They will not sag in Summer’s heat nor break in the cold
of Winter. They are made of the best material for fencing
purposes. They will conform to the most uneven ground and
can be erected over hills and through valleys as well as on level
ground. They have MANY other points of merit.
Palls City, Neb. TANNER
have good teeth whi e they are young—
but they don’t keep them. First-class
dental work is practically unknown in the
Orient. You have a big advantage over
Eastern people in this respect, American
dentistry is the most painless and effi
cient in the world. Come to us for the
BERT WINDLE, D. D. S„ Assistant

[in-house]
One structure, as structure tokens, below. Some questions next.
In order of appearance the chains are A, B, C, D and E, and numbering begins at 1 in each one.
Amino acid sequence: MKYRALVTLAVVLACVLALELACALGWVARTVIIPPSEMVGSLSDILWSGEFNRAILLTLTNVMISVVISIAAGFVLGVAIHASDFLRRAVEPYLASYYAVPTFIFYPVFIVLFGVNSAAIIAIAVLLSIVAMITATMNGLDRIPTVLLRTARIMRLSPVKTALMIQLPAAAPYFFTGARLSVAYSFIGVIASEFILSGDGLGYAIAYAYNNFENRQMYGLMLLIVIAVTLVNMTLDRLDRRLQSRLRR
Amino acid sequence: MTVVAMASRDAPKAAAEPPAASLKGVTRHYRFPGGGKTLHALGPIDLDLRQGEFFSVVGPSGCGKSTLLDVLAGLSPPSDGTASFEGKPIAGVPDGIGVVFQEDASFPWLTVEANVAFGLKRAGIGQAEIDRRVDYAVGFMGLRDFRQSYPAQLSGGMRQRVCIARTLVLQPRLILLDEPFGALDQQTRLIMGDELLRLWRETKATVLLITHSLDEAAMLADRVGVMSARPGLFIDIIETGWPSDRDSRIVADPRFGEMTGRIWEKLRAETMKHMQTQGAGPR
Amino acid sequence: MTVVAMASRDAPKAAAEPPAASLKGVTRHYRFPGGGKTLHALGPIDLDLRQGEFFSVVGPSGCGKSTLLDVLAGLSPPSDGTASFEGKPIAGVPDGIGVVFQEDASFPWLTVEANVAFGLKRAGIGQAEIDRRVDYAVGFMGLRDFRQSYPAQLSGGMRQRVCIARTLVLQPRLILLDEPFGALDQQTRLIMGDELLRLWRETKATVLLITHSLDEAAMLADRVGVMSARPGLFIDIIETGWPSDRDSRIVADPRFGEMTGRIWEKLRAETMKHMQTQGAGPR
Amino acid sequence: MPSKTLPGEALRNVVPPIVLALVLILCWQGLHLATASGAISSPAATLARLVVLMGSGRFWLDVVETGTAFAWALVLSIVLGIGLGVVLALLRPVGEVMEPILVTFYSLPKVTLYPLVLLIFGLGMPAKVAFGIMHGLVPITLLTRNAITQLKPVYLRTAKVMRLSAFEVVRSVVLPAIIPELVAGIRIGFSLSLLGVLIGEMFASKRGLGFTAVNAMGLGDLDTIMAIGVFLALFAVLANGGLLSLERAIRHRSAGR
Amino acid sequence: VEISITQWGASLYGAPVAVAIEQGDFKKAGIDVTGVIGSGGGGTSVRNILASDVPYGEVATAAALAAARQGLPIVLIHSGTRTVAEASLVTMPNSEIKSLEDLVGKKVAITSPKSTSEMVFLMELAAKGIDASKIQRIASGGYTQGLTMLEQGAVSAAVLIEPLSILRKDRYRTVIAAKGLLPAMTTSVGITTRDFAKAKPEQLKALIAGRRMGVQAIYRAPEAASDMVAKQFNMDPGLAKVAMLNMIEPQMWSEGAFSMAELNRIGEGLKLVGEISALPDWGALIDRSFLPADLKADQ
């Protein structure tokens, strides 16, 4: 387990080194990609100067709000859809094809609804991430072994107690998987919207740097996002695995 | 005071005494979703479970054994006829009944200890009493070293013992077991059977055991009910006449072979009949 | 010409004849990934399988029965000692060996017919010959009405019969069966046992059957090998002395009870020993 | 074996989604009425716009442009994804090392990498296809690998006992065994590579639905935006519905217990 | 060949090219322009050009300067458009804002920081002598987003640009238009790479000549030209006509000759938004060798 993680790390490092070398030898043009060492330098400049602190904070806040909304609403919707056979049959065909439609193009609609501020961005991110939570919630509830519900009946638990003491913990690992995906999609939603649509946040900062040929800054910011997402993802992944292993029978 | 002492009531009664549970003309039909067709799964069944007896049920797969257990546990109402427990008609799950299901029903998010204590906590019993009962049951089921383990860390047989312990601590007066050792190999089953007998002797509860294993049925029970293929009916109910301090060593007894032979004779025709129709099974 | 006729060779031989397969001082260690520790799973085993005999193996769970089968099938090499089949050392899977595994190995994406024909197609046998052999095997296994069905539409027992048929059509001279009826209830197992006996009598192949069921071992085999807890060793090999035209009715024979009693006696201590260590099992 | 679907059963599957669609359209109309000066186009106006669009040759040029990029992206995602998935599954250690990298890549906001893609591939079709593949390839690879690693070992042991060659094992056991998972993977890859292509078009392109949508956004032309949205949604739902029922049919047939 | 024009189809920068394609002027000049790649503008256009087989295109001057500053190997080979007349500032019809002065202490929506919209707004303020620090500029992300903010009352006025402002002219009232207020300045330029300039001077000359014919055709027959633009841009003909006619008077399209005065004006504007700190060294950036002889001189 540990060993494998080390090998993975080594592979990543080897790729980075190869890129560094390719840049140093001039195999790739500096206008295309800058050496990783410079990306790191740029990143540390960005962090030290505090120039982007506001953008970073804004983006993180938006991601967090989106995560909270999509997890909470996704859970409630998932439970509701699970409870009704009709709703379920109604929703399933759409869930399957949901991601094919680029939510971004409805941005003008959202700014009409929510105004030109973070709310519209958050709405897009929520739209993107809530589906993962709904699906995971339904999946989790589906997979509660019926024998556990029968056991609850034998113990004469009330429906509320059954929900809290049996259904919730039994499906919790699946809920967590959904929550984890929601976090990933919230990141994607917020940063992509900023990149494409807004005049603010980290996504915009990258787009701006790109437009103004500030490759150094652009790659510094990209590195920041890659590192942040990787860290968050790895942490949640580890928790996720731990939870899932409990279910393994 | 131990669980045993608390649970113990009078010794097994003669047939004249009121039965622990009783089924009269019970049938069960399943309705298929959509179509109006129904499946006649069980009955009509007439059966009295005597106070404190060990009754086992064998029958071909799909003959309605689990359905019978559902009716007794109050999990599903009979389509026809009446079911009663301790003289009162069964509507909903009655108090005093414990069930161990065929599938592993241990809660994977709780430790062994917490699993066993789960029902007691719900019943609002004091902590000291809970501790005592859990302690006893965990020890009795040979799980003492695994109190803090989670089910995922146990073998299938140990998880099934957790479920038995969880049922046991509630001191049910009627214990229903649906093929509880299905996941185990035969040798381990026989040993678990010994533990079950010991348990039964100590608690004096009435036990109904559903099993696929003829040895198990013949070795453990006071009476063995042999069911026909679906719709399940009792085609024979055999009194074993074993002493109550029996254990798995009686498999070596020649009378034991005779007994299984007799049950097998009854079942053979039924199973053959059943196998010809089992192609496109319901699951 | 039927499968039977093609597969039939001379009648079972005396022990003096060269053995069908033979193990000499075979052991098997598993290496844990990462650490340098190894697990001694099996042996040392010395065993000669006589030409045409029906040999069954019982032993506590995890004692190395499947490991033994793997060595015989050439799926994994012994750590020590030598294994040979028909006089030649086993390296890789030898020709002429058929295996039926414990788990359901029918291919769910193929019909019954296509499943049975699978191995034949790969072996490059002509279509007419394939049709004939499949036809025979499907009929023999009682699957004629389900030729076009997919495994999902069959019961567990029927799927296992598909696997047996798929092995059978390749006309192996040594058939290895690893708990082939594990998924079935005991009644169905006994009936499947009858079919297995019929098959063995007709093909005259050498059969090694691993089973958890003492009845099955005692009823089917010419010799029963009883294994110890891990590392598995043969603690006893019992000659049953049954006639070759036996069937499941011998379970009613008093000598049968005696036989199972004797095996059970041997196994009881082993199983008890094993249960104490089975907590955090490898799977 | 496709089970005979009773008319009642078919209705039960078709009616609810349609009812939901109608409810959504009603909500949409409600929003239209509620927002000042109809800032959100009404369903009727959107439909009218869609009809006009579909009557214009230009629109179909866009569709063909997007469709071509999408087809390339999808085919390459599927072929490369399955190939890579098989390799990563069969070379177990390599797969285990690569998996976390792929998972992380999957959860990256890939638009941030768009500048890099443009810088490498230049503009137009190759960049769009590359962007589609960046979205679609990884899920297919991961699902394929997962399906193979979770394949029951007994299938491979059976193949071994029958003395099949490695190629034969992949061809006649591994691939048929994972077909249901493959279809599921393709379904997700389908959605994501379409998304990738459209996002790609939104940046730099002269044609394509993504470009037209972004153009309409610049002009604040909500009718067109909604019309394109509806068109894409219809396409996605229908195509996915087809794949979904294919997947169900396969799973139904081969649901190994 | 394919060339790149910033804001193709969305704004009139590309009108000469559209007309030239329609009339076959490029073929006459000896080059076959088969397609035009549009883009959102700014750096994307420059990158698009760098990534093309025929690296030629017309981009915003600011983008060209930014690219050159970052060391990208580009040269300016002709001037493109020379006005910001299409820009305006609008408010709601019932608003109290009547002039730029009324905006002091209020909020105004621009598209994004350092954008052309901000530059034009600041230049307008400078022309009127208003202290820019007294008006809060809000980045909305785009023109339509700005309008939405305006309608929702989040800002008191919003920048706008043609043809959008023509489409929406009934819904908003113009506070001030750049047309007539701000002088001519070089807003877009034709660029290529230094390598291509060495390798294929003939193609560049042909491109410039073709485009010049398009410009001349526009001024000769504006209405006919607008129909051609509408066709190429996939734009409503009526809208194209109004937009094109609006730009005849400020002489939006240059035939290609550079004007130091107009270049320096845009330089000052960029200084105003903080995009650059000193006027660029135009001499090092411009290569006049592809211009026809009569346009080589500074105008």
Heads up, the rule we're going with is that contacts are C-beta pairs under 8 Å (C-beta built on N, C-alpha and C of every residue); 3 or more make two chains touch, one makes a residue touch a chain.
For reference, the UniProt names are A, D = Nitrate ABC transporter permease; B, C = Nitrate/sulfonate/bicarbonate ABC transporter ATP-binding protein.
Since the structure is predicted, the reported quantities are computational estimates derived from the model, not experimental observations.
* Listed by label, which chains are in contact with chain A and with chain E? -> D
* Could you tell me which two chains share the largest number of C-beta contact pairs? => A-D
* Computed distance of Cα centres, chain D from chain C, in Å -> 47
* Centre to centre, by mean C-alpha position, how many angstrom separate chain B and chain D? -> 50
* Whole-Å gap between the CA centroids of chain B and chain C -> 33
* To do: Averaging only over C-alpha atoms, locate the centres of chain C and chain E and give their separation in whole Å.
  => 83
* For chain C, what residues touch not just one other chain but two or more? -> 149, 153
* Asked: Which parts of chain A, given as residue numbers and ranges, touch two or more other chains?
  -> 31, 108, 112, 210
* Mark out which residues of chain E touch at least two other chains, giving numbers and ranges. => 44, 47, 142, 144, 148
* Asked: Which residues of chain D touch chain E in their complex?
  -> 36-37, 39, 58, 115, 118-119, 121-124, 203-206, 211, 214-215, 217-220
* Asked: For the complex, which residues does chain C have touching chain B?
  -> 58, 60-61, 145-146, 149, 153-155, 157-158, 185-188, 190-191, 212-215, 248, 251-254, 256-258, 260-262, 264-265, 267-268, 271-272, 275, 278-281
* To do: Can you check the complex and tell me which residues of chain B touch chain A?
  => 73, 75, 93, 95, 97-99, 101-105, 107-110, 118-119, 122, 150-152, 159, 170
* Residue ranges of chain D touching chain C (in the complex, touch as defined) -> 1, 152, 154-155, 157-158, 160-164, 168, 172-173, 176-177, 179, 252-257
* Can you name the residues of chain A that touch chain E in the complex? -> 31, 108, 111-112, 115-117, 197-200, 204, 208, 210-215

Falls City, Nebraska
gggpggnggggJgBggQBKHHHBBHHHHH Formerly President of St. Anthony's
D_ _ _ _ _ _ _ Hospital. For years the leading spec
mMw ■ M iulist in the middle West. HIS TONIC
H WW ALun ABSORPTION TREATMENT is a
I ■ W W M • Hi ■ ■ wonderful success,
NO MONEY REQUIRED tostart treatment. If parties are responsible. You can pay as
you get results. Consultation free at office or by letter, Guaranteed Cures in all curable
cases. Names In private cases kept confidential. Charges low. Men, nervous debility,
catarrh, stomach, heart, kidney, blood and skin diseases, rheumatism, stricture, weakness,
drains, backache, etc. One visit to the office for con .citation is usually enough, after that
the treatment can be taken at home. His seven-day treatment for varicocele is a great
success. Women, caturrh, dyspepsia, nervousness, backache, constipation, eczema, etc.
Office hours on week days 10 to 12 A. M. and 2 to 4 P. M.; on Saturday evening from 7 to 8:30.
on Sunday morning from 11 to 12.
Office 518 FRANCIS ST., - - ST. JOSEPH, MISSOURI
Powered by Open ONI